Record Display for the EPA National Library Catalog


Main Title Comparative Analysis of Polychlorinated Dibenzo-'p'-dioxin and Dibenzofuran Congeners in Great Lakes Fish Extracts by Gas Chromatography-Mass Spectrometry and In vitro Enzyme Induction Activities.
Author Zacharewski, T. ; Safe, L. ; Safe, S. ; Chittim, B. ; DeVault, D. ;
CORP Author Environmental Research Lab.-Duluth, MN. ;Texas A and M Univ., College Station. Dept. of Veterinary Physiology and Pharmacology. ;Wellington Environmental Consultants, Guelph (Ontario). ;Umea Univ. (Sweden).
Publisher c1989
Year Published 1989
Report Number EPA/600/J-89/155;
Stock Number PB90-127978
Additional Subjects Toxicity ; Bioassay ; Tables(Data) ; Gas chromatography ; Mass spectrometry ; Reprints ; Water pollution effects(Animals) ; Great Lakes region ; Polychlorinated dibenzo-p-dioxins ; Dibenzofurans ; Enzyme induction ; Aryl hydrocarbon hydroxylases ; Ethoxyresorufin-o-deethylase ; Experimental hepatoma
Library Call Number Additional Info Location Last
NTIS  PB90-127978 Some EPA libraries have a fiche copy filed under the call number shown. 07/26/2022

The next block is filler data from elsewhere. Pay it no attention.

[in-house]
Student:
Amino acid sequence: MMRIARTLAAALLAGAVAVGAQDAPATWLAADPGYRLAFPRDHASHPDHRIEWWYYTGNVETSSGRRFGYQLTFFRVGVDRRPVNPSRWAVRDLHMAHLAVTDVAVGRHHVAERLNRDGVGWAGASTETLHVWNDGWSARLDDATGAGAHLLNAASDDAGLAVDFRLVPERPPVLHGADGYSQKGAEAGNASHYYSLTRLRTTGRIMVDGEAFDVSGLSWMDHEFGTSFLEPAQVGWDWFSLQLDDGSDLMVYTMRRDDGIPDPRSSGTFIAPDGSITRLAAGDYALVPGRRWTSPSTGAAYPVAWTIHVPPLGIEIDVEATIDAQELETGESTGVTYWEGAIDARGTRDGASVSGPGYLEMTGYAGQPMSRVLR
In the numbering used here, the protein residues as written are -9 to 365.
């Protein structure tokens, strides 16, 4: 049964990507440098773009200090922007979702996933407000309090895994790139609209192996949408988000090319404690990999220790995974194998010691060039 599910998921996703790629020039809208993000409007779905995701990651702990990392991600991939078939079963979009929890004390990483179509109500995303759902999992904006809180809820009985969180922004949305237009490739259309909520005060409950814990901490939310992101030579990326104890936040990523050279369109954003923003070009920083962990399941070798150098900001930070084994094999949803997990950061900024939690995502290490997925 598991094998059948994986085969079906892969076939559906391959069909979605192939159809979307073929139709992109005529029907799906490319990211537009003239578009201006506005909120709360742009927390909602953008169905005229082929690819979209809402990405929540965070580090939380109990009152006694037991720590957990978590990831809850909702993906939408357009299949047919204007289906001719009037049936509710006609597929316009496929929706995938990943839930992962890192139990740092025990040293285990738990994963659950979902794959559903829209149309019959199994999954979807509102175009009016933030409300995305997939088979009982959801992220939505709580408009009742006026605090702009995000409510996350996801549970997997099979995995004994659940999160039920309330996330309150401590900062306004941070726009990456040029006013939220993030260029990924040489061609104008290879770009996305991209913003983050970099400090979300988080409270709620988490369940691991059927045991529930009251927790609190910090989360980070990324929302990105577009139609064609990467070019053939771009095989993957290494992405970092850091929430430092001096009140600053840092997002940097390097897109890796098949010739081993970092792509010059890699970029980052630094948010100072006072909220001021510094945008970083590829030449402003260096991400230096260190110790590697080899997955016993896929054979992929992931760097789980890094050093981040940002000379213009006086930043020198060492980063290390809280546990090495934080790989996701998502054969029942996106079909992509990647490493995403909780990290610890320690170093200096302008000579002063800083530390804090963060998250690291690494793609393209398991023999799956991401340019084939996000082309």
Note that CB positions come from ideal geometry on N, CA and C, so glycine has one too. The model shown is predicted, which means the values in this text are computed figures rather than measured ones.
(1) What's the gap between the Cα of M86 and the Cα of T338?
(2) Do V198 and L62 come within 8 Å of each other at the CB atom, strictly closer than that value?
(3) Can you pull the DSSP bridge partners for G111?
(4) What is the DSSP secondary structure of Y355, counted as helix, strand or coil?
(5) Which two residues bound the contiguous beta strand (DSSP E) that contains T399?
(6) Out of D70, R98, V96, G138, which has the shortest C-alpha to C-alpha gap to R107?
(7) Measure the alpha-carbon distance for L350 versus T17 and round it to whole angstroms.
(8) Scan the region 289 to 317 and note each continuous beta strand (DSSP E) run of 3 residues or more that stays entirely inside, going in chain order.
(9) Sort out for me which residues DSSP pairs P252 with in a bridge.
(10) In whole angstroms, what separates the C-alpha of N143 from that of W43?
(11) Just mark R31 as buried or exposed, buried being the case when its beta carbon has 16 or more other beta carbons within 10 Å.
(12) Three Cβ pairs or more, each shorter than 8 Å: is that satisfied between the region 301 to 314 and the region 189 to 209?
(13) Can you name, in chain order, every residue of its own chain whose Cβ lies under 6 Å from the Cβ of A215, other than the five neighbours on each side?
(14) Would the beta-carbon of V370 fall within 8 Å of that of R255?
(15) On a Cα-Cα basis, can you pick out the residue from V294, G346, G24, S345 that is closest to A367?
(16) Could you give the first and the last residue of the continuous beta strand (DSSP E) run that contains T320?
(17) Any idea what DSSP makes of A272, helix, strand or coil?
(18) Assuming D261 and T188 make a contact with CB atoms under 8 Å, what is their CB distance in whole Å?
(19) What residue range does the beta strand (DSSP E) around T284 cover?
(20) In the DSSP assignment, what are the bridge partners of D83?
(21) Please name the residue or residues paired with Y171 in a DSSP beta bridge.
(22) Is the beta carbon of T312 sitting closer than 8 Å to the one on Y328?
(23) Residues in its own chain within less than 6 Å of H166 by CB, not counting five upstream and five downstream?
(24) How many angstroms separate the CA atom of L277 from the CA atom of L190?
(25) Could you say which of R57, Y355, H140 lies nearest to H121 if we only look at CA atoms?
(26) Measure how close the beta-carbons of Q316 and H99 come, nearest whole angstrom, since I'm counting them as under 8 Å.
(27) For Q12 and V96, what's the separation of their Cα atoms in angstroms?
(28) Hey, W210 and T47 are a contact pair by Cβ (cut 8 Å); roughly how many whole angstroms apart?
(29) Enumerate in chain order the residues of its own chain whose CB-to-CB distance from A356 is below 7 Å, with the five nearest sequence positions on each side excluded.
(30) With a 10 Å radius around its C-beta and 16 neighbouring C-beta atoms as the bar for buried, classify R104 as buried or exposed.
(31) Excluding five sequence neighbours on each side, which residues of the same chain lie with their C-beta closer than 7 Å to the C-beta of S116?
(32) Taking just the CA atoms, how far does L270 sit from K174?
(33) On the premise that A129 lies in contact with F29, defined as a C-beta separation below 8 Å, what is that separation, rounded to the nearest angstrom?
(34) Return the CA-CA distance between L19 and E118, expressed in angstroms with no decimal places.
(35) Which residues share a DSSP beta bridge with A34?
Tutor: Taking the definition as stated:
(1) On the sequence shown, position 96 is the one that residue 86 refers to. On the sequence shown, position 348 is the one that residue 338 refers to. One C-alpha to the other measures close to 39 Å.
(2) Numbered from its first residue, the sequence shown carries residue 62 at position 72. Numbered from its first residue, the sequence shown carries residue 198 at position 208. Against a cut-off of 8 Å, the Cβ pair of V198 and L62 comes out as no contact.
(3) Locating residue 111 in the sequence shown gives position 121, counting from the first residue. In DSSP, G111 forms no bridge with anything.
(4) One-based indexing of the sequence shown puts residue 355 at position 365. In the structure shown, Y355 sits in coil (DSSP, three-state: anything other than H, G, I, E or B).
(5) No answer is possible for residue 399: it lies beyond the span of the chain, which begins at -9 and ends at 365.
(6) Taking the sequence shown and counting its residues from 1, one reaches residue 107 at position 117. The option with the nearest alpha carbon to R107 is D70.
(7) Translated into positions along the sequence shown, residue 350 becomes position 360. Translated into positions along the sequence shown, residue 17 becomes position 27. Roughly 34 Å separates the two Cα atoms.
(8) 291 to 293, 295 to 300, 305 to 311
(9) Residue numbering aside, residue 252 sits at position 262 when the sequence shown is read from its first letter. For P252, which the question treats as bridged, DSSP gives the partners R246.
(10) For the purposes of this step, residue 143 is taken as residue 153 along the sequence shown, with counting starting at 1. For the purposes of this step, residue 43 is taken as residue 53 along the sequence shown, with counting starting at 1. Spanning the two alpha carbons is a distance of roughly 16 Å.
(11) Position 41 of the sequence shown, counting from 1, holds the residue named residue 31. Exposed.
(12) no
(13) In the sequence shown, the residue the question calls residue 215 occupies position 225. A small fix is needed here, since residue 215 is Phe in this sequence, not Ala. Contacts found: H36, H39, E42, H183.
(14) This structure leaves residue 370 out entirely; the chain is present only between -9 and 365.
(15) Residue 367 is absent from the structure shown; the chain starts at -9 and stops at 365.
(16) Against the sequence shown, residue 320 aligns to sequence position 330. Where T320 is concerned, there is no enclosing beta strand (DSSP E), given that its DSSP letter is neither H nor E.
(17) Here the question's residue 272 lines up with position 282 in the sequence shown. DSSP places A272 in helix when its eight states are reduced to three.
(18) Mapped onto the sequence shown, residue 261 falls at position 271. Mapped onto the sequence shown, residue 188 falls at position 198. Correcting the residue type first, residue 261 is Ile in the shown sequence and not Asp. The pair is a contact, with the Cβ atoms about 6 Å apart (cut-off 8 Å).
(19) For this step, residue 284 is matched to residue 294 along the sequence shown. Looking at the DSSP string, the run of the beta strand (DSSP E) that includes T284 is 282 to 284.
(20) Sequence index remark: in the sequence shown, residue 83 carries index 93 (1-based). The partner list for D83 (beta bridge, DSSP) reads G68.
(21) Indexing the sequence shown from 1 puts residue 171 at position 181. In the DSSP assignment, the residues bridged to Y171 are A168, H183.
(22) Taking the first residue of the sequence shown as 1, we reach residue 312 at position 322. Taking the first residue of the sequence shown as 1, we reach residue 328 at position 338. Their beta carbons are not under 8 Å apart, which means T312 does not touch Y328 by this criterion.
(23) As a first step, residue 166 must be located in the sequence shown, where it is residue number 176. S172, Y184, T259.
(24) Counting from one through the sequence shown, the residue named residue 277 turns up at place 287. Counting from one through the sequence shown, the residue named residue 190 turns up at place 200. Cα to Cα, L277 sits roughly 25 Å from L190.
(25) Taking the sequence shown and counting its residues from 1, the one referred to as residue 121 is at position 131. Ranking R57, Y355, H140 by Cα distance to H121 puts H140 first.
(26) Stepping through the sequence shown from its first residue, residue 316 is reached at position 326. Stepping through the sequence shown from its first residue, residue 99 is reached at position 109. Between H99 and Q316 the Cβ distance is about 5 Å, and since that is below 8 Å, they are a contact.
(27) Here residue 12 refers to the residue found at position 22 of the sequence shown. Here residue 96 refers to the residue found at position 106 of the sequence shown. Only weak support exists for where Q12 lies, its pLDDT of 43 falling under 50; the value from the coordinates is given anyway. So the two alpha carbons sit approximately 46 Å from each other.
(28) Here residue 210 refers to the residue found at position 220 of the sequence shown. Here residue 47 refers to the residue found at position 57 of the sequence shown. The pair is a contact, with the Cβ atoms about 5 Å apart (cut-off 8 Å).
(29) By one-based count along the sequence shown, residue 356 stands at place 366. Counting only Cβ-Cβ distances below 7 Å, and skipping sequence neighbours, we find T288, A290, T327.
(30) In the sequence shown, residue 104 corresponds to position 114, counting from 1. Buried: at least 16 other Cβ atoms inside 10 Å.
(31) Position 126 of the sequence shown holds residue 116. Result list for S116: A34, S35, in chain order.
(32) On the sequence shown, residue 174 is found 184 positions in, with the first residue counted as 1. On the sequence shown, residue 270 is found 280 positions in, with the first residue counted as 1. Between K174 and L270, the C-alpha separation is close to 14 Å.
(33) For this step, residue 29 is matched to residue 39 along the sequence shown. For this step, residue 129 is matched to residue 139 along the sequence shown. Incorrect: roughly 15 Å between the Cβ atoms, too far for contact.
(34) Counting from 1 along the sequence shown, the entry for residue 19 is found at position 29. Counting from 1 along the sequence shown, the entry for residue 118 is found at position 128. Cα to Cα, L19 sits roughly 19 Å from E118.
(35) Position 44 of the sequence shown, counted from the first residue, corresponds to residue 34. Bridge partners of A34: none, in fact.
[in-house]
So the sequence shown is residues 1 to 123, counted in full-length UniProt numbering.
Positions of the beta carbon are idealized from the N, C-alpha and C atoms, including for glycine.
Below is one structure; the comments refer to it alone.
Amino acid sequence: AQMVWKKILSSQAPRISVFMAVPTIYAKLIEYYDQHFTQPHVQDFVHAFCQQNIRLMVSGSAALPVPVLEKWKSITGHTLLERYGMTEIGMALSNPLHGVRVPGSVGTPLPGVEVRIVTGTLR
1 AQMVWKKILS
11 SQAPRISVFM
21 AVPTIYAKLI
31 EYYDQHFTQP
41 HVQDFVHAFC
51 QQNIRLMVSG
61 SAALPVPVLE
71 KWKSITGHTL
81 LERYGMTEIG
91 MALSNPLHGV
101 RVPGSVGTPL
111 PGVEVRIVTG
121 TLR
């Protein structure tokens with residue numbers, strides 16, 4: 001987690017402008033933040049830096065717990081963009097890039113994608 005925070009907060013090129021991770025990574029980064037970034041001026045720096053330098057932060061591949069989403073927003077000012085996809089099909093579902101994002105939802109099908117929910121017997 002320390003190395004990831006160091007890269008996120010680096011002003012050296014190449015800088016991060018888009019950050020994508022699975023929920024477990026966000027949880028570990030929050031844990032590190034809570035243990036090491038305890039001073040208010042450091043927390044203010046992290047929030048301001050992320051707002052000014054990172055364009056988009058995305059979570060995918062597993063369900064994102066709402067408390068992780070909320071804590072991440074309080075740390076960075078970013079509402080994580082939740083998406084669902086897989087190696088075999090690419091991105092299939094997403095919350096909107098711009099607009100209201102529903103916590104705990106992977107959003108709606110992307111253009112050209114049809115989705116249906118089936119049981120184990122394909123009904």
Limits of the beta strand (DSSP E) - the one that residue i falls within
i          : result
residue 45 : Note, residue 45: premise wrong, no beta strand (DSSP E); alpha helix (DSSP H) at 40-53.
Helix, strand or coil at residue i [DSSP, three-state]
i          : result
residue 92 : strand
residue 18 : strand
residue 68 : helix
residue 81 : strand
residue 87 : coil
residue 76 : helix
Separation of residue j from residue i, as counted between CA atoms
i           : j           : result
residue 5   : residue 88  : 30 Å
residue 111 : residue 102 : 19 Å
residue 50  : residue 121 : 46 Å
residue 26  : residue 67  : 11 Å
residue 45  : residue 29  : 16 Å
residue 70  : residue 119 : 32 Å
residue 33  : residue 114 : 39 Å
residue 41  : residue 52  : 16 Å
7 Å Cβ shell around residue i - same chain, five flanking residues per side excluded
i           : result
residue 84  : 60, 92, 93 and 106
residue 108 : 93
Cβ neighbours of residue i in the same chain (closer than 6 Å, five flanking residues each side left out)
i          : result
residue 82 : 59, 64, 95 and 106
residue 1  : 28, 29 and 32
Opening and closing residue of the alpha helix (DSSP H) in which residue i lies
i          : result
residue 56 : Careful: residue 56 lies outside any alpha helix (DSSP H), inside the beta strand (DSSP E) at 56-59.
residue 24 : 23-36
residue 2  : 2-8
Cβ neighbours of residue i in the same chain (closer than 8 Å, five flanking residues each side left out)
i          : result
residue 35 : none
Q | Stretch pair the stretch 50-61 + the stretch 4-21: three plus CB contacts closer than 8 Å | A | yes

Collation 8p
The high-resolution gas chromatographic-mass spectrometric analysis of 25 Great Lakes fish extracts confirmed the identities of several 2,3,7,8-tetrasubstituted polychlorinated dibenzofurans (PCDFs) and dibenzo-p-dioxins (PCDDs). The dominant congener in extracts from Lake Michigan, Lake Erie, Lake St. Clair, Lake Huron, and Lake Superior fish was 2,3,7,8-tetrachlorodibenzofuran (TCDF). The fish extracts from Lake Ontario showed significant levels of 2,3,7,8-tetrachlorobenzo-p-dioxin (TCDD) besides containing considerable amounts of PCDFs. The '2,3,7,8-TCDD equivalents' in these extracts were determined by their activities as inducers of aryl hydrocarbon hydroxylase (AHH) and ethoxyresorufin O-deethylase (EROD) in rat hepatoma H-4-II E cells in culture. For most of these samples, there was less than a 2-fold difference in the bioassay-estimated 2,3,7,8-TCDD equivalents and the total PCDDs plus PCDFs as determined by GC-MS. The bioassay-derived values were significantly (>2-fold) higher for the Lake Erie and Lake Ontario fish extracts. This difference may be due to several factors including synergistic interactive effects of the congeners in the bioassay induction response or the presence of 'bioassay-active' components that are not detected by GC-MS analysis. (Copyright (c) 1989 American Chemical Society.)